Last week we bid farewell to a long standing and respected member of our senior leadership team. Sir Paul Jenkins was a civil servant for 38 years and Treasury Solicitor for 8 of those.
As well as serving our legal teams in the Civil Service for over three decades, Paul was deeply committed to developing a more diverse workforce across the Civil Service. For the last 6 years he has been the Permanent Secretary Diversity Champion, and has worked tirelessly to support staff in every department, grade and location throughout the organisation.
A strong legacy
His hard work has paid off. 10 departments and agencies are now featured in the Stonewall Top 100 index of gay-friendly workplaces. Nearly one in ten civil servants are from an ethnic minority. Over half of civil servants are women. And the proportion of disabled civil servants is at a record high. Every year we hold the excellent Diversity and Equality Awards and it is getting harder and harder for the judging panel to whittle down the nominations and choose the winners because of the tremendous work being delivered to enhance diversity and equality across the organisation.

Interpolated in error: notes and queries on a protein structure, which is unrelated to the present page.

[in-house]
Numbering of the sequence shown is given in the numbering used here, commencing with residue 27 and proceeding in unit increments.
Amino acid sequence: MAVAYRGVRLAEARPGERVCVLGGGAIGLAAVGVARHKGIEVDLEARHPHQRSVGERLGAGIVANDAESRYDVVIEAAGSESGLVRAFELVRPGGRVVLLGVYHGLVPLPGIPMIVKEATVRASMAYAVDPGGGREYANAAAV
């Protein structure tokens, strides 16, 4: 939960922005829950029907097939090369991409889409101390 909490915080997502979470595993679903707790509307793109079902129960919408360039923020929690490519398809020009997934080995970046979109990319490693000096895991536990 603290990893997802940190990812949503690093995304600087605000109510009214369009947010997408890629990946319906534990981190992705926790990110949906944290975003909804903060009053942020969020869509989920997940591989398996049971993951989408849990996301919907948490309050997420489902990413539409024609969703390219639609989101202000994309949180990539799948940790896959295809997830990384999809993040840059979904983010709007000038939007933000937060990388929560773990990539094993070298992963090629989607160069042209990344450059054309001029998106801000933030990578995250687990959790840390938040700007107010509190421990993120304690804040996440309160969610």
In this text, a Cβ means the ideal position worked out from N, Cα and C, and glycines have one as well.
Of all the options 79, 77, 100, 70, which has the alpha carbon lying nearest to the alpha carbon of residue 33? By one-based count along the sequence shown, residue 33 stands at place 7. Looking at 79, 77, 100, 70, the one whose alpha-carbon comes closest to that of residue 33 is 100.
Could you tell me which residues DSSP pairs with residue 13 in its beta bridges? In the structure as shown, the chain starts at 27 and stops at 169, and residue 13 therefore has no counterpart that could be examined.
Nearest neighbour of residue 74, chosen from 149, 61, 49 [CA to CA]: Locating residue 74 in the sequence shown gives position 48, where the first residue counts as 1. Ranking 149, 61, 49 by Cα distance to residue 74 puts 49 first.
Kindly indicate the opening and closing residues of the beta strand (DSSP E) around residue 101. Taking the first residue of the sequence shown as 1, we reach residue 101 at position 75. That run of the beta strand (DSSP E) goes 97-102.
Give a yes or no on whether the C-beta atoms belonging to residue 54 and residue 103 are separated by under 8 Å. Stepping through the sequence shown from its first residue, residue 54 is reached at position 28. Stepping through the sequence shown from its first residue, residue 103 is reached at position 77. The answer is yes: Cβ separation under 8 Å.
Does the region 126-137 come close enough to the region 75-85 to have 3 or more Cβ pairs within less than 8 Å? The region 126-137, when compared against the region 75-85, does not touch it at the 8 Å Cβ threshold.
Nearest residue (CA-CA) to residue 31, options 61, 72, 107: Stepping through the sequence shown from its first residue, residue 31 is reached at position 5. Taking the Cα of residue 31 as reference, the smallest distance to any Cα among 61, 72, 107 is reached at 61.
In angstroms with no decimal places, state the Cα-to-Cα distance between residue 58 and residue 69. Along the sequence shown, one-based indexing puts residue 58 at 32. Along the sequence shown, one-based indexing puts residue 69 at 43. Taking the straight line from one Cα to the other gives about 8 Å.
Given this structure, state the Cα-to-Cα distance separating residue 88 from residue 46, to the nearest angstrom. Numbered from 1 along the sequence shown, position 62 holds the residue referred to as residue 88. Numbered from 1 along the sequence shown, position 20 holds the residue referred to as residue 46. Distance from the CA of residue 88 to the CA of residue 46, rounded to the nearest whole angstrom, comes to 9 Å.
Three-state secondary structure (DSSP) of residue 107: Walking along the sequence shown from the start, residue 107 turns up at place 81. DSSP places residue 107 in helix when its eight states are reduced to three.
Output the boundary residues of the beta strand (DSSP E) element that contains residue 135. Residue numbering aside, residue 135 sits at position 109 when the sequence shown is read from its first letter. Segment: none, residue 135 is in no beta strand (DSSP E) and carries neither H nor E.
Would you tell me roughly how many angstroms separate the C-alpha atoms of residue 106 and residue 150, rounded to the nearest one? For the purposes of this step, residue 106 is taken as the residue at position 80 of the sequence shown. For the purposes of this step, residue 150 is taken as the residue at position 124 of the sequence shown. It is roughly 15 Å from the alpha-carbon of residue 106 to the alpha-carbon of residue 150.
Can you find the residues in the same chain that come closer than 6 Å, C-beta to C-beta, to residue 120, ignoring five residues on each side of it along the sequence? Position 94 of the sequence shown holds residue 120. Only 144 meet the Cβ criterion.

Paul leaves a strong legacy, only some of which we can demonstrate using statistics. Much harder to illustrate, but equally as important, are the countless members of staff who have been inspired by Paul’s work in this area, who have grown in confidence because of him and who are realising more of their potential as a result.
A new champion for diversity
But Paul was clear that there is more to do on diversity and the work needs to continue after his departure. I am therefore delighted that Sir Simon Fraser, Permanent Secretary of the Foreign and Commonwealth Office will replace Paul as Diversity Champion.
Simon has led the FCO since 2010, before this he was Permanent Secretary at the Department for Business, Innovation and Skills. He brings not only experience but enthusiasm to this role and I am really looking forward to working with him. He has led innovative initiatives on diversity and equalities in the FCO, including increasing the number of female Ambassadors and a recent high profile campaign to promote BME recruitment.
Over the coming months, Simon will support me in delivering a new Diversity Strategy for the Civil Service, and ensuring that all staff are supported to reach their full potential in the Civil Service, enriching the organisation.
I hope you will join me in thanking Sir Paul, and welcoming Sir Simon into the role.
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